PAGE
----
The Diallos listened real intent, real polite, and when I was finished Oxford just shook his head, and his pa put a hand on his shoulder and told me that his son’s decision was final, and if Nike wasn’t willing to flex on the nerve mesh, another sponsor would. At which point I spilled some damage control, got both of them to agree to dinner, and bailed to the bathroom for a check-in with my boss.
It’s a zero-risk procedure now, for fuck’s sakes. You can do it with an autosurgeon. Change his mind. A procession of eye-rolling and then glaring emotes, all puffing and red-cheeked.
“What if we just put a pin in the mesh thing and sign him anyways?” I say. “We can’t let this one get away. You saw the workout feed. We sign him unmeshed, let things simmer, work it into the contract later on as an amendment.”
If he’s playing at HoopSumm, he needs a mesh. That’s the coming out party. How the fuck are we supposed to market him without a mesh? Skeptical emote, one eyebrow sky-high. I thought you could handle this one solo, Vic. Thought you wanted that recommendation for promo. Am I wrong?
“No,” I say quick. “I mean, you’re not wrong.” I yank a paper towel off the dispenser and work it into a big wad with my wet hands. I never elect biofeedback when chatting someone with the power to get me fired; if I did there would be some serious middle-finger emotes mobbing his way.
Figure out if it’s him or the dad who’s the problem. Then use the one to get to the other. It’s not brain surgery. There’s a chortling emote for the pun, then he axes the chat.
I’m left there shredding the damp paper towel into little bits, thinking about the promotion that I do want, that I absolutely do want. I’d finally be making more than my old man, and Wendee would be happy for me for at least a week, and maybe during that blissed out week I would get up the balls to ask her to move in.
But first, I have to get the Diallos to sign off on a nerve mesh. I’m not exactly bursting with ideas. That is, not until I go to toss the towel in the recycler and see a rumpled napkin inked with bright red blood sitting on top. Then I remember Oxford’s pa and his little plastic case. I shove it all down and head back to the gym, only pausing to order a tube of that new hair gel.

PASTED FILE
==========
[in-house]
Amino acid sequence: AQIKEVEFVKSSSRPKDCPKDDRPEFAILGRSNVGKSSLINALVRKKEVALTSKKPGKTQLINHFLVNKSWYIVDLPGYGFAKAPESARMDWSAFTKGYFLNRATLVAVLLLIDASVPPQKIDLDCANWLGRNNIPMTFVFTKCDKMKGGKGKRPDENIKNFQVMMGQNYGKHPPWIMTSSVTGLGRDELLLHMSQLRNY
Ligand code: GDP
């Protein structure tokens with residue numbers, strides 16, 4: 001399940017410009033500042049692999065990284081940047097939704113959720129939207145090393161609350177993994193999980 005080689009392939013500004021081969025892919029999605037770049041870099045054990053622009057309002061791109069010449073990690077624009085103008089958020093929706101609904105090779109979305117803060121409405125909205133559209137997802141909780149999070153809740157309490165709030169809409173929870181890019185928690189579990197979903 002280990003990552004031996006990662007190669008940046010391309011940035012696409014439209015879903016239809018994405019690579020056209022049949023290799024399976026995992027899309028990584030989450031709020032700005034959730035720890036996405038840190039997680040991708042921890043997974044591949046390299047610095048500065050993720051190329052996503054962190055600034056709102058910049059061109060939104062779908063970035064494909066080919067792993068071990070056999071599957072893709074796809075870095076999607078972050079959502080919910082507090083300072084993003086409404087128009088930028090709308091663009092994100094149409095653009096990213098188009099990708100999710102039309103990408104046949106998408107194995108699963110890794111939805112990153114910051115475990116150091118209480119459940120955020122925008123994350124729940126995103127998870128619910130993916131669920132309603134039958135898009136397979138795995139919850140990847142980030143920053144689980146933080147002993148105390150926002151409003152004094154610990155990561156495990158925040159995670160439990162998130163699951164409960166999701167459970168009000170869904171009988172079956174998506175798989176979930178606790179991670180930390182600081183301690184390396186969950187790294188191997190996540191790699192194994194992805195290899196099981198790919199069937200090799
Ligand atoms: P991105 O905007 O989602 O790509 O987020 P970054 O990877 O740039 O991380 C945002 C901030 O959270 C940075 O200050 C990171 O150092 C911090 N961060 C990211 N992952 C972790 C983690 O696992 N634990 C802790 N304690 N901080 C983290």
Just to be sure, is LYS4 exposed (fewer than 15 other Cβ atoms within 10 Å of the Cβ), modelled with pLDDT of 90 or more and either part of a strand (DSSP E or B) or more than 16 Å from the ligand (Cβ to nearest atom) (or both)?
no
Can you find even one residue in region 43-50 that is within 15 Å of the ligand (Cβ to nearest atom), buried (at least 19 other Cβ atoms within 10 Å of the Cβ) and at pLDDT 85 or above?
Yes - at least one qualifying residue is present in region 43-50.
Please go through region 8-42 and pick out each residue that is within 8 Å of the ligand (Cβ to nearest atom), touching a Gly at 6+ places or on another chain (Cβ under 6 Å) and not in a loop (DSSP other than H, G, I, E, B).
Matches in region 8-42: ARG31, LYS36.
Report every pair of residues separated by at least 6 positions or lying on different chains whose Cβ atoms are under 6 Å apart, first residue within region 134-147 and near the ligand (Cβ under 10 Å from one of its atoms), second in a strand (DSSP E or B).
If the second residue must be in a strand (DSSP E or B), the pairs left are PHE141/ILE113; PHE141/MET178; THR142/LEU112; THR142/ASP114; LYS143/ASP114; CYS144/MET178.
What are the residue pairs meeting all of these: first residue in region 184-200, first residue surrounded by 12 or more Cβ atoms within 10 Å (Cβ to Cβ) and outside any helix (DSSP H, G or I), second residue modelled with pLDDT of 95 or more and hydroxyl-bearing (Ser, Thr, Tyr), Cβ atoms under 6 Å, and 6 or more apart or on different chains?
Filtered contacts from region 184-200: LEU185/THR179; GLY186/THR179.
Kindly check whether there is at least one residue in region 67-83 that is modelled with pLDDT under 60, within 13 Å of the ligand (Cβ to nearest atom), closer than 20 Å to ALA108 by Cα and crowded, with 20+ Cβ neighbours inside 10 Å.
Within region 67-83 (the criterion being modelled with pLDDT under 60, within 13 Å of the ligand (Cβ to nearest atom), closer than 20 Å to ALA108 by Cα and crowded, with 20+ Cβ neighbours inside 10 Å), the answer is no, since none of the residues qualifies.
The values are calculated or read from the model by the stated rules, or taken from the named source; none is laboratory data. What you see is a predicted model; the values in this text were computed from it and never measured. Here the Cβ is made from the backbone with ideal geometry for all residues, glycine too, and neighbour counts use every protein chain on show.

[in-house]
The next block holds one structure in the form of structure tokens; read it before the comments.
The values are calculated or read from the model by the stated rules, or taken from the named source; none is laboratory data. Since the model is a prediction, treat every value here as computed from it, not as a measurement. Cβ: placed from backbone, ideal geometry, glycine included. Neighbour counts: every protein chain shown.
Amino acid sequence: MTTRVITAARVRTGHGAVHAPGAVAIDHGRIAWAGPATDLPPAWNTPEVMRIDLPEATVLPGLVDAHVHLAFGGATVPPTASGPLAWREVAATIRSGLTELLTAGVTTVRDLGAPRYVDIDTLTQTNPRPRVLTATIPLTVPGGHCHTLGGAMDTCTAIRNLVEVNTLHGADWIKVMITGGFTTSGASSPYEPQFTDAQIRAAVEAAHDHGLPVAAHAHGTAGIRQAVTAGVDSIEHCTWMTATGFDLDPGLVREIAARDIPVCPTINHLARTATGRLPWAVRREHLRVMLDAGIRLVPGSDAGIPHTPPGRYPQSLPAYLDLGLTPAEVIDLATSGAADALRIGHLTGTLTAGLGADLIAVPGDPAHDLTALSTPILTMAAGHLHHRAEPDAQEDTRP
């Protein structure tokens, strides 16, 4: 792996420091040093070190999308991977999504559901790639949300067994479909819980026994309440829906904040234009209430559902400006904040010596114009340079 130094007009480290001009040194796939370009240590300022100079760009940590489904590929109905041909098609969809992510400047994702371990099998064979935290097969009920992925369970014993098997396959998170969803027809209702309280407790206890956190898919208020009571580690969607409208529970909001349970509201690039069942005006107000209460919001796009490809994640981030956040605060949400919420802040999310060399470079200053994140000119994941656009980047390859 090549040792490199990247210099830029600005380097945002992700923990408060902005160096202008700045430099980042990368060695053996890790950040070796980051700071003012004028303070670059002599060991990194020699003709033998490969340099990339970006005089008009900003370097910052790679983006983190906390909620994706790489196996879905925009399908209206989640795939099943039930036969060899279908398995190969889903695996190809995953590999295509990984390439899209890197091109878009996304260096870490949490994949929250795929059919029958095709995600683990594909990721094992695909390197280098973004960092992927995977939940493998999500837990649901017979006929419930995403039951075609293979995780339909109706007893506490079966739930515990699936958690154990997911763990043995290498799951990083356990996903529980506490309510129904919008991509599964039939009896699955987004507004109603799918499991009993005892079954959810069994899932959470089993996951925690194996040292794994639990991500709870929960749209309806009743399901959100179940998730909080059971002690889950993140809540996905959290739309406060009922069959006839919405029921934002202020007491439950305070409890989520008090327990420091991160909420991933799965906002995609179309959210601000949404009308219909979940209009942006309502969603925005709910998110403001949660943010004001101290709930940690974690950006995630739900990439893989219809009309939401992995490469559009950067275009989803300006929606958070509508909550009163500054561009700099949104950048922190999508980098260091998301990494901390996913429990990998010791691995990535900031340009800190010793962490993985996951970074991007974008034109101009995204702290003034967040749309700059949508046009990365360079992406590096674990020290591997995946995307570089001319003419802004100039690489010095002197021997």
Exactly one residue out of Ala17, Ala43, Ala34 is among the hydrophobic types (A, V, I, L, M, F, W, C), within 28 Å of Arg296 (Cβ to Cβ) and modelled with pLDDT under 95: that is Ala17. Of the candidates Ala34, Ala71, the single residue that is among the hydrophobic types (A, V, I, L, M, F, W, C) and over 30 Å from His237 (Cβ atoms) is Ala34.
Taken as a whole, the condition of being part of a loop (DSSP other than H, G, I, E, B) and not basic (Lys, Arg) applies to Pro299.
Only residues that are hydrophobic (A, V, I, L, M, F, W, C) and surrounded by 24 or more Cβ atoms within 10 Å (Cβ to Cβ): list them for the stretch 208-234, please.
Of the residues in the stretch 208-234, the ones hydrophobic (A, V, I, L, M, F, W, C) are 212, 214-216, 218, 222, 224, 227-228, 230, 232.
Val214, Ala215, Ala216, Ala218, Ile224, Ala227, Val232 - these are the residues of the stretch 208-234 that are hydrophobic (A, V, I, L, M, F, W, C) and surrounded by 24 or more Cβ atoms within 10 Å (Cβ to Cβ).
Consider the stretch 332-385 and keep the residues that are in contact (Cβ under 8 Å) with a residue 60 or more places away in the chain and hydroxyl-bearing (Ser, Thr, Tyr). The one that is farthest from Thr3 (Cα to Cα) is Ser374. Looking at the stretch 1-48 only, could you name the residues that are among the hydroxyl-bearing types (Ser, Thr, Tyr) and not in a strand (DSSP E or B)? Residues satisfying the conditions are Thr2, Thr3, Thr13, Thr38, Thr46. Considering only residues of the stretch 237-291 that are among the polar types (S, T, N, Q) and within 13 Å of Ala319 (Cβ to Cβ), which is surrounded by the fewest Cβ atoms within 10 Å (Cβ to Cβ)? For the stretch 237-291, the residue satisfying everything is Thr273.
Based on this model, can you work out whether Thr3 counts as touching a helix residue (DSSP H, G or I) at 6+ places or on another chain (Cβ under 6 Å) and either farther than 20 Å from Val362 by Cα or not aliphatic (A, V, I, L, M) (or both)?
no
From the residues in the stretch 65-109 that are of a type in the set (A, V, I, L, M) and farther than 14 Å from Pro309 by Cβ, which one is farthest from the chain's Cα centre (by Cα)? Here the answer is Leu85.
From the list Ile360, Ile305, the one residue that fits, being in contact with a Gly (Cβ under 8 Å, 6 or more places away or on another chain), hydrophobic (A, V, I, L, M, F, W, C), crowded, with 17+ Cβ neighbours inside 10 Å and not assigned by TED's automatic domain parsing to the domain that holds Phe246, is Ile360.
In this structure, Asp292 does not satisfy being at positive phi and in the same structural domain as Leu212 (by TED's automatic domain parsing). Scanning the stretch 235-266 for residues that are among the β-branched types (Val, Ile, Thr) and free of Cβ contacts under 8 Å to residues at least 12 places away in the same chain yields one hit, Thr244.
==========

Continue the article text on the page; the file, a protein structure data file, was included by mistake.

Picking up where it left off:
I take them to a slick new brick-and-glass AI-owned bar, because taking them up the Space Needle would be too obvious. A little holohost springs up at the entry, flashes my retinal for available funds, and takes us straight to private dining. We pass a huge transparent pillar full of chilled wine, which I notice Oxford’s pa look at sideways. More important is Oxford himself staring at the shiny black immersion pods set into the back of the bar. I send them a subtle ping to start scrolling ad banners for some fresh League nervecasts while we settle in around the table.
“Fully automated,” I say, as the waiter rolls up to start dispensing bread baskets, arms all clicking and whirring. “Not bad, right?”
Oxford’s pa nods his head, looking weirdly amused.
“They have AI cafés in Dakar,” Oxford informs me, scrolling through the tabletop menu. “Since last year.”
He’s already put in an order for scallops, so I guess it’s too late to head for the Space Needle. Instead I ping the kitchens for oysters and a few bottles of whatever wine has the highest alcohol content, which turns out to be something called General Washington. I pull up a wiki about vintages to give Oxford’s pa some background, seeing how I can barely tell the difference between a white and a red.